It just can't get any more exciting than this.
On my trip back across Kachemak Bay two days ago, I saw some big splashes head of me as I piloted Skookum home from a day of charter fishing.
It was two humpback whales fishing together and fluke-slapping the surface of the water to signal one another. After sounding (deep dive), the whales breached the surface, coming more than two-thirds out of the water, spinning and crashing back down.
Whale biologists hypothesize that this is a feeding technique in which the whale stuns schools of small fish they're feeding on. Whatever the reason, it's an amazing show!
Here's proof positive that I'm no longer a legend in my own mind!
Doug Kelly, a writer who has visited Alaska, and Homer, many times has just published a historical accounting of Alaska's Greatest Outdoor Legends. Don't ask me how I got on that list.
All joking aside, I'm flabbergasted that I would be included with such real Alaska legends like Sydney Huntington, Jim Rearden and Jay Hammond.
All I can say is that my three decades as a staff photographer at the former Anchorage Daily News gave me such incredible opportunities to roam Alaska's great outdoors and bring back photographs from many great assignments.
Every budding photographer's greatest dream is to work for National Geographic. Well, I DID work for NG, because the Daily News offered their photographers constant opportunities to get out into the great wilds and return with images to show our readers the beauty of where we lived.
Throughout Snap Decisions I talk about the evolution of my photography as it related to my maturity as a young man. Early in my career, because I was learning photojournalism on the job without any formal training, I lacked the understanding of journalistic ethics that comes with a college field of study.
Many of my fellow colleagues came to the ADN with an educational background in which they were taught the ethics of journalism. I can point to Erik Hill and Bill Roth who have journalism degrees (Erik has a Masters), who understood the ethics of honesty and understanding towards the subjects in their photos.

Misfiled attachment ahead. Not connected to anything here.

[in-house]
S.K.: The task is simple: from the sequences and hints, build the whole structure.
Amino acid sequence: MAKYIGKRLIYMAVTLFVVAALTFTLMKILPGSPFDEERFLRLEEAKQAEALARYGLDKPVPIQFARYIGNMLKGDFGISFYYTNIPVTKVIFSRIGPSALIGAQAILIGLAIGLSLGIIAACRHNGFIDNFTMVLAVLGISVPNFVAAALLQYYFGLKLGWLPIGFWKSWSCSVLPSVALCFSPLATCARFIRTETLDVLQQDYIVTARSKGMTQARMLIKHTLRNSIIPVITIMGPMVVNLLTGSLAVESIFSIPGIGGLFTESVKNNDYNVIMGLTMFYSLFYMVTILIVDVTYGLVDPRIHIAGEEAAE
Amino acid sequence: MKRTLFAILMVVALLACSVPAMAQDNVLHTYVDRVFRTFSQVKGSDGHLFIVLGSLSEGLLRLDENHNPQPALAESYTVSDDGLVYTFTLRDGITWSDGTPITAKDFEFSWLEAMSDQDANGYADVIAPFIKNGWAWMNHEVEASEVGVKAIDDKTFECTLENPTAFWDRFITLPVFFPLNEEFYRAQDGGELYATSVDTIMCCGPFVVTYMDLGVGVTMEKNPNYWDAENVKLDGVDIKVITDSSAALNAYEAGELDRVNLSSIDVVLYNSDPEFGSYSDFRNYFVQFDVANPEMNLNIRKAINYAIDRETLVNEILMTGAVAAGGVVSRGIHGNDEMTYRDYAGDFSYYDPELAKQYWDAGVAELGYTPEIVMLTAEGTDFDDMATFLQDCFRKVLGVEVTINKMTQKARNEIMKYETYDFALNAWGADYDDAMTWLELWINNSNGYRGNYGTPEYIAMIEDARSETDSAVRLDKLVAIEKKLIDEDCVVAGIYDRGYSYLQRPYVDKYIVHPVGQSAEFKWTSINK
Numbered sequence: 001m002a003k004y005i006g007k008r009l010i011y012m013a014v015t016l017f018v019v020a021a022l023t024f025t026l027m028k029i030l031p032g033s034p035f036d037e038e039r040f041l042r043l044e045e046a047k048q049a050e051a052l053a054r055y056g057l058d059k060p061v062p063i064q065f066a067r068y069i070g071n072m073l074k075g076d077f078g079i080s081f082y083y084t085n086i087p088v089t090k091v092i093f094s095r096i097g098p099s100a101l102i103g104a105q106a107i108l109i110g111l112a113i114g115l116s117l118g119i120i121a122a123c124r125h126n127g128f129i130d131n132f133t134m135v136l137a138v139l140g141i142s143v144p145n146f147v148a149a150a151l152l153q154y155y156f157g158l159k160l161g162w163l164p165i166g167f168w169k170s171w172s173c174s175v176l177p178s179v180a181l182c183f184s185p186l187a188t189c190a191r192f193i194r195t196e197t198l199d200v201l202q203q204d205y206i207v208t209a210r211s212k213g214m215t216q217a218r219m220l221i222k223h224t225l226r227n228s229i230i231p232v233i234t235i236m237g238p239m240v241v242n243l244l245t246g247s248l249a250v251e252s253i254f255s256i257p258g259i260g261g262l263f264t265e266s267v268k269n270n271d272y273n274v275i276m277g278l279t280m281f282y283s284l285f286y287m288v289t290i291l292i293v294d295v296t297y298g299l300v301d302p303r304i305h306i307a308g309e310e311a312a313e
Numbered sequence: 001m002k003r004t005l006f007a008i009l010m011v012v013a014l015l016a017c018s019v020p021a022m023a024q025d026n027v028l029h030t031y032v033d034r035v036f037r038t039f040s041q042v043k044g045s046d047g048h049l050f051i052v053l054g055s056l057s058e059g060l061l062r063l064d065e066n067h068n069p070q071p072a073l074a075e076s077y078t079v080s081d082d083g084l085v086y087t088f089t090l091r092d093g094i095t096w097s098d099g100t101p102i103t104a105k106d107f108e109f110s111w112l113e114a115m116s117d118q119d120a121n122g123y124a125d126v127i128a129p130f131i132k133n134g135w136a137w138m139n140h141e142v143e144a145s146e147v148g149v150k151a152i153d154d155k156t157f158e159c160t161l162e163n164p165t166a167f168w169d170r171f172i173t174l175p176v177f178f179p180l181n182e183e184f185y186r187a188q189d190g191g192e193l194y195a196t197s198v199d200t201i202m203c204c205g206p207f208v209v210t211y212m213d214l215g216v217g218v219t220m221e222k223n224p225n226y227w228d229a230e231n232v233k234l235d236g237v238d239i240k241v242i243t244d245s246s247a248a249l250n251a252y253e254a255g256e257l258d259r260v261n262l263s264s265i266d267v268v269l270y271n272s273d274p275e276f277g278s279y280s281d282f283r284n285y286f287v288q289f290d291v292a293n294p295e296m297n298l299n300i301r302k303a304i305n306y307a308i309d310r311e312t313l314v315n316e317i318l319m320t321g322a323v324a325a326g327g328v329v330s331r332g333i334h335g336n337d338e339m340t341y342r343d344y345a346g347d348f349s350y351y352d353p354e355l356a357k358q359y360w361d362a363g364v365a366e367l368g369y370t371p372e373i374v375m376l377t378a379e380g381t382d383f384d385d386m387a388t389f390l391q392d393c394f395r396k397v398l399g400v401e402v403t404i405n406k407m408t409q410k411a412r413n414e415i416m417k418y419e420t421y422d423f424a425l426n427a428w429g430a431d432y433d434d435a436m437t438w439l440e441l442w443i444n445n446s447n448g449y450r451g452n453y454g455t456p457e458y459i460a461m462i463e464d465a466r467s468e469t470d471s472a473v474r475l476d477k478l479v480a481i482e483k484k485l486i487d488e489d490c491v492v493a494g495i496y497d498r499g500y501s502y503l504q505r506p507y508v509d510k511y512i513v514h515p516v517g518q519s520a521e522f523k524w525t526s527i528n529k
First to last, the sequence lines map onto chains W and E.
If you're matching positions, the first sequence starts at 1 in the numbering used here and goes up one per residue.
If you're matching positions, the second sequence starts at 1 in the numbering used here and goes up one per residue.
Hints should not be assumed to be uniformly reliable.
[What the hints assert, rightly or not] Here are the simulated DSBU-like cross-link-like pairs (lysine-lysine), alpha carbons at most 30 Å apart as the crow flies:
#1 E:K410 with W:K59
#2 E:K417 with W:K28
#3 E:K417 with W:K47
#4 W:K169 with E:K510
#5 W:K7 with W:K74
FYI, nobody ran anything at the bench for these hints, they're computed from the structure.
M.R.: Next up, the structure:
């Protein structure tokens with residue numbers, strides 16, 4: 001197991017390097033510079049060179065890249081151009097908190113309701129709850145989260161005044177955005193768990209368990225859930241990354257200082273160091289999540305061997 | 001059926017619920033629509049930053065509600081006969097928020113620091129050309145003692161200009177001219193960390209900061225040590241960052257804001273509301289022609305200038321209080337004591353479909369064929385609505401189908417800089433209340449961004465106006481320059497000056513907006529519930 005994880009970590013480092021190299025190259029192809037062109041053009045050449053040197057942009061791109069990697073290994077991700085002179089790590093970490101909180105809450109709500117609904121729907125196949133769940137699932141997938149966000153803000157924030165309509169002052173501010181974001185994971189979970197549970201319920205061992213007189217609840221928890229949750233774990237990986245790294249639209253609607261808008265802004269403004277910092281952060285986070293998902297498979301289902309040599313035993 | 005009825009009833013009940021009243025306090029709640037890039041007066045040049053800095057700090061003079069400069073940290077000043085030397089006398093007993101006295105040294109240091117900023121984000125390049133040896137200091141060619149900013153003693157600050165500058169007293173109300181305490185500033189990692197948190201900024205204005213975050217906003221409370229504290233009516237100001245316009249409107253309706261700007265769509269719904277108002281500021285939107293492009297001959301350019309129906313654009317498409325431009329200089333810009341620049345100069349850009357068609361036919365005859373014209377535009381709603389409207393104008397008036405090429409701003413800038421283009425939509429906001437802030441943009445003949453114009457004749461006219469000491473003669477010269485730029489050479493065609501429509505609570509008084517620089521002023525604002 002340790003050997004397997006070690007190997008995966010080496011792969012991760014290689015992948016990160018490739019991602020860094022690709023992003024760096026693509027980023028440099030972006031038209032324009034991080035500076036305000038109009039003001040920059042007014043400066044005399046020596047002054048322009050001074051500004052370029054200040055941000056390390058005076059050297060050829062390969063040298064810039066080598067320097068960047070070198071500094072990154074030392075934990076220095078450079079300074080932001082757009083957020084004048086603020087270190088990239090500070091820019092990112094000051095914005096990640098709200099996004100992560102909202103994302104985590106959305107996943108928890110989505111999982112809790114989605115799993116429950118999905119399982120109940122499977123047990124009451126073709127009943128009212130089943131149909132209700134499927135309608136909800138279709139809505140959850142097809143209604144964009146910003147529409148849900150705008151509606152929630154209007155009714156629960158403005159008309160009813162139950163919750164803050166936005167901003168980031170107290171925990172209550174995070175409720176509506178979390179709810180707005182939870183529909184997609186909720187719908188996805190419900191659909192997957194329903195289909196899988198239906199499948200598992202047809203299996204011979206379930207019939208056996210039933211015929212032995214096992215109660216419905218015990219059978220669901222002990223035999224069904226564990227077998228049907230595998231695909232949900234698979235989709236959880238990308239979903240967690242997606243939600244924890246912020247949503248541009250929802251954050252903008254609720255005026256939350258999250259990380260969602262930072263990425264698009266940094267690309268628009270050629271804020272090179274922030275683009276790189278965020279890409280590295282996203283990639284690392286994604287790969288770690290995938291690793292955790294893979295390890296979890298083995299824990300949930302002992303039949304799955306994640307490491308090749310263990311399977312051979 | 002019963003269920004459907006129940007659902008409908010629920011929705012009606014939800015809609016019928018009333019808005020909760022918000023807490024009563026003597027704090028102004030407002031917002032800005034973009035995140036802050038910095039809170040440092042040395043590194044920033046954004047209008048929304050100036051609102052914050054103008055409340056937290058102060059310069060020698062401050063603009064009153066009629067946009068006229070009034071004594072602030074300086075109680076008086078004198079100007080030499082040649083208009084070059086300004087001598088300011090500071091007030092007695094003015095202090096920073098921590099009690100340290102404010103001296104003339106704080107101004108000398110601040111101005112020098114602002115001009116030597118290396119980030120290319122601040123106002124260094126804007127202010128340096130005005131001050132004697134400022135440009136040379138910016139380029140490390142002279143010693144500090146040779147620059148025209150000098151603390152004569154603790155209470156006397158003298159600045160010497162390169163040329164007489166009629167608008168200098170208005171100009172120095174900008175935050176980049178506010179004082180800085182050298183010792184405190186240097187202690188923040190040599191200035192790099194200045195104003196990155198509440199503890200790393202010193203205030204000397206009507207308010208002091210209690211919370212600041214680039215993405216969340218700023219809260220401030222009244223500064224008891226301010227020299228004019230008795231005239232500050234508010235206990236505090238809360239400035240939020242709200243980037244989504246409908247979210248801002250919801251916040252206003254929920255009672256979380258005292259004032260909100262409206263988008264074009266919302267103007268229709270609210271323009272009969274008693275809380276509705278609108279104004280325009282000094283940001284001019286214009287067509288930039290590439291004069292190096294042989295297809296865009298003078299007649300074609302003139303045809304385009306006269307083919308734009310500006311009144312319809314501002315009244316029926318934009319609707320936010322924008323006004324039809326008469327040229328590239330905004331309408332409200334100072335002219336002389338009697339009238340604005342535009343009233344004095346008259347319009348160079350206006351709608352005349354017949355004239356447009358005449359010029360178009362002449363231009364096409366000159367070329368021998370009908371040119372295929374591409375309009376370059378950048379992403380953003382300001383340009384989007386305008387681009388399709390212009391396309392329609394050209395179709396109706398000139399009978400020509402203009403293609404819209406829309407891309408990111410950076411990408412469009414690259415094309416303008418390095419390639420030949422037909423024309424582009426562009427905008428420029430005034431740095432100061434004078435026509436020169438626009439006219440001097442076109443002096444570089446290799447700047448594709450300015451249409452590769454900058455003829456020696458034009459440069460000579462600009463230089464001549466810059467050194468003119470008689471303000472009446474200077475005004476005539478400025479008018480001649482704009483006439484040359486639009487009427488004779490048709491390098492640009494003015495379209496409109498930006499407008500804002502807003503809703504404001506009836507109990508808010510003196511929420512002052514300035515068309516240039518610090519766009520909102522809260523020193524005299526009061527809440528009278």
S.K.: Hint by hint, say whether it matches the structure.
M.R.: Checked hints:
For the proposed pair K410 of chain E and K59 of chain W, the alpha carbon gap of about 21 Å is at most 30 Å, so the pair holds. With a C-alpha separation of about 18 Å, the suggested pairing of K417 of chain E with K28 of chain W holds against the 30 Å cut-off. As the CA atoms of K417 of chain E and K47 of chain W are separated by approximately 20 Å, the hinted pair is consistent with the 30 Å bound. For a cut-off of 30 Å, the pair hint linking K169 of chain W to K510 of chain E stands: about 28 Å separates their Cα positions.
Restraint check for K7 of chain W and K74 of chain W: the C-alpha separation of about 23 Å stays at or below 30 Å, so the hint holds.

At the beginning, I saw chasing police and fire events as a way to capture raw emotion, make great photos, and I had very little consideration towards the people in my photos and what they might be going through.
Jeff Floyd, hugging his wife Terri (right) as they watched their apartment go up in flames in 1985, tried to get me fired for using this photo in the paper. To get his name, I had lied to him about which photo we would probably use. When he saw this one on the front page the next day, he called the assistant managing editor Mike Campbell, who was not happy about the lie.
Mike called me in for a conversation. He told me that when you work in the same town, day after day, year after year, you can’t afford to lose people’s trust. “Their trust is not worth a photograph,” Mike told me.
It was advice I took to heart. As I say in the book: "Very quickly I came to understand the events I photographed changed peoples’ lives. And the people changed me."
I was a pioneer of cameras in the courtroom in the 1980's. Cameras were not allowed in any courtroom in the state, but in 1985 a three-year experiment began, and I worked with judges and court administrators to help get easier access for photojournalists.
Unlike the days when we had to chase down defendants in “perp walks,” now at least we could show the public what the defendant looked like and document how the courts worked, which gave greater weight to our reporting.
There were smiles and tears in the courtroom October 6, 1988, after Kirby Anthoney (left) was convicted of the rape and murders of his aunt Nancy, and his nieces, Melissa, eight, and Angela, three. Smiles for spectators in the gallery, and satisfaction for APD detective Joe Austin (right rear). Tears for the victims’ husband and father John Newman (center, in glasses), hugged by family members who supported him through the trial of his nephew.
This photograph won the 1988 Joseph Costa Award for Courtroom Photography, awarded from Ball State University, for the best courtroom photo taken that year across the U.S.
This was a spectacular fire in Anchorage’s Midtown in September 2003. When a gas main ruptured during construction work near the Sears Mall, firefighters called in a backhoe operator to help snuff the inferno.
It was a fire I didn’t need to feel guilty about photographing. There was little chance of property damage and few people put at risk, just big flames and visual drama.
If fireballs and towering flames made for obvious eye-grabbing images, the quiet, sometimes hidden
moments of an emergency scene many times offered a more poignant and telling story for our readers.
Sometimes, it was as simple as turning around and looking behind me.
Anchorage fire Captain Mike Dunn (right) said a prayer of thanks after he and other firefighters saved Leslie DeRego, Jr. from being buried alive. ‘’The majority of people who are buried don’t make it,” said Dunn, who helped dig DeRego out. ‘’But miracles do happen, and this proves it.’’